My kids have gotten very good at identifying the different types of text features, but I wanted them to focus more on how each feature actually helps them comprehend the text.  So I made this graphic organizer for them to fill out with their independent level nonfiction books.  (This was not my original idea, but I have seen it so many different places that I have no idea where it originated.  If it’s you, let me know so I can give you proper credit!)

Feel free to grab this for free by clicking the image below.

Student Keynote Presentations Using the Voice Recording Feature

My fourth graders recently went on a fieldtrip to the Lincoln Park Zoo in Chicago as part of our animal unit in science.  The zoo offered three amazing classes, so I split my class into thirds and each student got to attend one class.  Then they worked in groups to present what they learned using a jigsaw method.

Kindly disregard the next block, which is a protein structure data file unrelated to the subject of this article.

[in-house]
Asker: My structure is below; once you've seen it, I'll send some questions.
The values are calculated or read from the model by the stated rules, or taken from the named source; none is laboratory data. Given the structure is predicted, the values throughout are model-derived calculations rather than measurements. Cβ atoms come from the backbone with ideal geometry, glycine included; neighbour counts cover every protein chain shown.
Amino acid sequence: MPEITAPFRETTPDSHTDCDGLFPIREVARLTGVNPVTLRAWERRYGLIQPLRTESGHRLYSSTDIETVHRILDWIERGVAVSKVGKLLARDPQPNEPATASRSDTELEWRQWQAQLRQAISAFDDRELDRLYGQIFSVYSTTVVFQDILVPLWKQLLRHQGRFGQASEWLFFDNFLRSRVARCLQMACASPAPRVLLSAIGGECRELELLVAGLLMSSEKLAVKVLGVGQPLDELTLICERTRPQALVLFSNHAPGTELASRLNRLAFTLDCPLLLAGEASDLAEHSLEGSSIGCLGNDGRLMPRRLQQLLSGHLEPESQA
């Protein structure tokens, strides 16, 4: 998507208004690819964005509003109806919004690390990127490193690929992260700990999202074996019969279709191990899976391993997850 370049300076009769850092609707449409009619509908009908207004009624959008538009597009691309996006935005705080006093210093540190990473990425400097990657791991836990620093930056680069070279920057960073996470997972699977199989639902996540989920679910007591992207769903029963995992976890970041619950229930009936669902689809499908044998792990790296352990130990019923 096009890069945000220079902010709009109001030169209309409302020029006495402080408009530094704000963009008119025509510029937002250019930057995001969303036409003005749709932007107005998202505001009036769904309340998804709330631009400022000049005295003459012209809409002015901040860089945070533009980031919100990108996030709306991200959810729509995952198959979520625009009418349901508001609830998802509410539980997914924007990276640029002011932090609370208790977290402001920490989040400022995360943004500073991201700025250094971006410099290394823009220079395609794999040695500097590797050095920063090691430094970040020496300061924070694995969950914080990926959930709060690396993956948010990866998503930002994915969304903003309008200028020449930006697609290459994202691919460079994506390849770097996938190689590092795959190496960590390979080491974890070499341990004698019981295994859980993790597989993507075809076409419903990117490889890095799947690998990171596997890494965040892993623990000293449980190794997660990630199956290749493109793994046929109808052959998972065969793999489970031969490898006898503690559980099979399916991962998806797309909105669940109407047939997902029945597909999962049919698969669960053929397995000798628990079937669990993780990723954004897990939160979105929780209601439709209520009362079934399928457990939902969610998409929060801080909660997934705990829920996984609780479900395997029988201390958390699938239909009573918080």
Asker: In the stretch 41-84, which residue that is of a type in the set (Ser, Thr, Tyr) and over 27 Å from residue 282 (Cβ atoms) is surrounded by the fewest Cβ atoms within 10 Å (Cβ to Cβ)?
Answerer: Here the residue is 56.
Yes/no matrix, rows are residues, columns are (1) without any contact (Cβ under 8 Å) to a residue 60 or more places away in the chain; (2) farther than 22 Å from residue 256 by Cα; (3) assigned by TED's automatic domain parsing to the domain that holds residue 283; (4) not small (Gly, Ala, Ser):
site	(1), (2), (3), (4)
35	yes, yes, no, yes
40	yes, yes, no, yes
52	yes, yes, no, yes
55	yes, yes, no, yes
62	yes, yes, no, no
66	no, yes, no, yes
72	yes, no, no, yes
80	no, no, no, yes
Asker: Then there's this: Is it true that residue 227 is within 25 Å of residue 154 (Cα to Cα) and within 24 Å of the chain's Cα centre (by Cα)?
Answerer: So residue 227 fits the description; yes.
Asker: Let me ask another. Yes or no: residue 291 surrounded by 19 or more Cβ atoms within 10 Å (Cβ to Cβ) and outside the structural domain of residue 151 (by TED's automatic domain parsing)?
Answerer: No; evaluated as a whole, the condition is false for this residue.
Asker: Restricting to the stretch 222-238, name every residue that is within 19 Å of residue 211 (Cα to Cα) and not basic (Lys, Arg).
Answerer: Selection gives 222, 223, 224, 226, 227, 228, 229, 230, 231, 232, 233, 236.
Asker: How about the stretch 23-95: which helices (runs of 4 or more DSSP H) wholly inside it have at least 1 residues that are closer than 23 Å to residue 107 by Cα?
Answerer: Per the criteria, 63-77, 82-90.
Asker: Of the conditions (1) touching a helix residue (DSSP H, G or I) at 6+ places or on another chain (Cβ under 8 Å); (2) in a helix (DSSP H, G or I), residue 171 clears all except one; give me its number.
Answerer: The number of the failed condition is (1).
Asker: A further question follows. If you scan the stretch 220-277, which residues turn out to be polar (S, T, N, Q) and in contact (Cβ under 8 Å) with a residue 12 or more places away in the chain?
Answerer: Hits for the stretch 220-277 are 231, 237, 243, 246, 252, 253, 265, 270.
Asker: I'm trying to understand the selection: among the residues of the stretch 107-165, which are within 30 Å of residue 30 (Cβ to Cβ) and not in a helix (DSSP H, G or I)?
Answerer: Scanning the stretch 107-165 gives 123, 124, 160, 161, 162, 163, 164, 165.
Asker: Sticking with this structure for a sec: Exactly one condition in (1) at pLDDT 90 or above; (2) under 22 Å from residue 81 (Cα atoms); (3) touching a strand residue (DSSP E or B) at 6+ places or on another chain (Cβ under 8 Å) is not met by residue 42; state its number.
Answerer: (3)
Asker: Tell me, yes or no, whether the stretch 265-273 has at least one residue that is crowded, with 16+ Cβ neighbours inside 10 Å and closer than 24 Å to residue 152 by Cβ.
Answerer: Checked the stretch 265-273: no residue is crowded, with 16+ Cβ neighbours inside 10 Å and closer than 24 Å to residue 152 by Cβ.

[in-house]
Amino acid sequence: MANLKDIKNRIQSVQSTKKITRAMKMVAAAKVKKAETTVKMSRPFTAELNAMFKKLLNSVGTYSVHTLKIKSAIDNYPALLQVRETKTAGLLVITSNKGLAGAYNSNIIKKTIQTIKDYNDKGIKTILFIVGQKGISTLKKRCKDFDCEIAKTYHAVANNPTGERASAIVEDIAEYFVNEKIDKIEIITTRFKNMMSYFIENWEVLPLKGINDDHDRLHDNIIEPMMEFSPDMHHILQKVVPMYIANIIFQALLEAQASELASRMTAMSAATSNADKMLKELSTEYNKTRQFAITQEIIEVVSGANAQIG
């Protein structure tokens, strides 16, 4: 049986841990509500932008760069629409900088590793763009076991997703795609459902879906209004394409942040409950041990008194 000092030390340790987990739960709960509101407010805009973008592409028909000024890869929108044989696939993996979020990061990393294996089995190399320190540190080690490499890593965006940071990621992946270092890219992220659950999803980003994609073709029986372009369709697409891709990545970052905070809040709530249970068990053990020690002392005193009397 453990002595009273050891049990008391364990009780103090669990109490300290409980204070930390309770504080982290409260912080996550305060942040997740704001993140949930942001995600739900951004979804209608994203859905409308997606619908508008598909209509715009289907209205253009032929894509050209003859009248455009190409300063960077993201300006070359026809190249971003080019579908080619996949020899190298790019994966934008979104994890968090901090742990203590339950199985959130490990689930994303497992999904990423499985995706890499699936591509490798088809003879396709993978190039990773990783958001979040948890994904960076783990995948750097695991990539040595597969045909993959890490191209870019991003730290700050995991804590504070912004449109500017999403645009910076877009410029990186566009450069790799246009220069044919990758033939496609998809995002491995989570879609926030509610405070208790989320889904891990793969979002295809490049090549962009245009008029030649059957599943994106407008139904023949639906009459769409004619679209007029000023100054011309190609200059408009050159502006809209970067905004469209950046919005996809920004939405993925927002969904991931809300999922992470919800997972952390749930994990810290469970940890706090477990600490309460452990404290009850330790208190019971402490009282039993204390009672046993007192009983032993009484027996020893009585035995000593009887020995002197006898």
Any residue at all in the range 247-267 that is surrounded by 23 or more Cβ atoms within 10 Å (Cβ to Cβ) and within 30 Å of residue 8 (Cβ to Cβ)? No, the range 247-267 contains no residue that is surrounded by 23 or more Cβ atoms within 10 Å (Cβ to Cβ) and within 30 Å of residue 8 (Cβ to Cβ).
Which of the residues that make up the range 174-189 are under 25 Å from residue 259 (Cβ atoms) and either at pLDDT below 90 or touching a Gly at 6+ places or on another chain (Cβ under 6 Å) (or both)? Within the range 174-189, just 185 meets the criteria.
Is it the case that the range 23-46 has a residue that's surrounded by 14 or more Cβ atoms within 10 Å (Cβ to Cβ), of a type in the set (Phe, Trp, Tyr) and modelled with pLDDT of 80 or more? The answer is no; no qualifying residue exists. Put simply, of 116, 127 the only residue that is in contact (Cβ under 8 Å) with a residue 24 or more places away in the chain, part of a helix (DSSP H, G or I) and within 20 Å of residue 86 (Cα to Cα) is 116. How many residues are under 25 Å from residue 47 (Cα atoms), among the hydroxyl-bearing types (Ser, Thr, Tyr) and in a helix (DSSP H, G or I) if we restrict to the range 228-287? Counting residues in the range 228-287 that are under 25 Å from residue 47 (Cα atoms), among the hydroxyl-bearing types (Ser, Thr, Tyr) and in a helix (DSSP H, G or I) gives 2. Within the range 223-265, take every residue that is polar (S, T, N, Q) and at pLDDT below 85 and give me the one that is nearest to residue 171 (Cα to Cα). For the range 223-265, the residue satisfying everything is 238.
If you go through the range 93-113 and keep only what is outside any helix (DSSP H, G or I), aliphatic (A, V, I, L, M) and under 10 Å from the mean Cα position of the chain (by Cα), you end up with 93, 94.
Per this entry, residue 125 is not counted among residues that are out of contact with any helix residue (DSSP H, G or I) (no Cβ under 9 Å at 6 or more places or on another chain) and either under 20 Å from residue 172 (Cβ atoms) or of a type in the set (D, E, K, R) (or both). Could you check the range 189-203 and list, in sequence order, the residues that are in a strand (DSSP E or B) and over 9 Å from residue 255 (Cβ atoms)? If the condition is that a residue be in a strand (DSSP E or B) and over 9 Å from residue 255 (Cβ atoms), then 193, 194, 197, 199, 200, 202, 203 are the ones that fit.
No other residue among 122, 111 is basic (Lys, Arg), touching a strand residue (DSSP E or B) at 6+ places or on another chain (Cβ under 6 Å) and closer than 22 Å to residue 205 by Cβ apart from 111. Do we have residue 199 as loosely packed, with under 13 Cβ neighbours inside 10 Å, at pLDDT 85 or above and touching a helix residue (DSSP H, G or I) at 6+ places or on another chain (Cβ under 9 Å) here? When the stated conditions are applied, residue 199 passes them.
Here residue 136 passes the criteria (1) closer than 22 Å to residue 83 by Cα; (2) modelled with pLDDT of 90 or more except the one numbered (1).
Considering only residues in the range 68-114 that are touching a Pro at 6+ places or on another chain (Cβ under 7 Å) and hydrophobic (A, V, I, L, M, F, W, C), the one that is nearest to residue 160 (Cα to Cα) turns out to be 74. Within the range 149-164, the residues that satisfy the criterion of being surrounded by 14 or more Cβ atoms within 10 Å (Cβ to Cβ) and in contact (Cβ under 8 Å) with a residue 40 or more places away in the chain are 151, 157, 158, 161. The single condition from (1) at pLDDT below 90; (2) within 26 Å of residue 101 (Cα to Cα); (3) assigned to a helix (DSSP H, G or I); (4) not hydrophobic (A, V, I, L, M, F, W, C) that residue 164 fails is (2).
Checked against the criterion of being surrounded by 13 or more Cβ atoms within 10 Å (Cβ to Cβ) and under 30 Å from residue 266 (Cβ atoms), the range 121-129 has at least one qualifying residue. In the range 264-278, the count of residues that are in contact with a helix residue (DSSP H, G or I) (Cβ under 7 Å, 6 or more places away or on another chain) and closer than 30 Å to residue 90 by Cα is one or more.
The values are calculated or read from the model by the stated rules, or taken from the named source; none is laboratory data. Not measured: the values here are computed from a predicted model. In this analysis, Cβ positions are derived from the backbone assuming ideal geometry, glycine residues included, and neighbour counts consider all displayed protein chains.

Since they were using Keynote, I made sure to snap a bunch of photos while at the zoo for them to use in their presentations.  After the kids filled out the graphic organizer and packet from their particular class, they began meeting with their groups to discuss their info and come up with a plan for their presentation. 

My favorite feature of Keynote is the “Record Slideshow” button, which lets you record your voice to correlate with each slide.  Did you even know it was there?!  I didn’t until my teammate pointed it out to me!  To get it in your toolbar, you go to VIEW, then CUSTOMIZE TOOLBAR.  When you see the little black and red button that says “Record Slideshow,” drag it into your toolbar.  Your toolbar will look like this (the record button is on the left next to the PLAY button).

My students loved the voice recording because it allowed them to practice what they wanted to say and perfect their presentation before showing it to the class.  The shy students were especially relieved to not have to speak in front of everyone. 

We did our final presentations for our first grade reading buddies.  They were so respectful and loved learning from their fourth grade buddies—we even had a question/answer session for them!      

Here’s a picture of one of my girls getting ready to record into Keynote.

I'm linking this post up with Technology Tailgate's new Techie Tuesday Link Up.  Be sure to link up a new or past post about how you integrate technology in your classroom!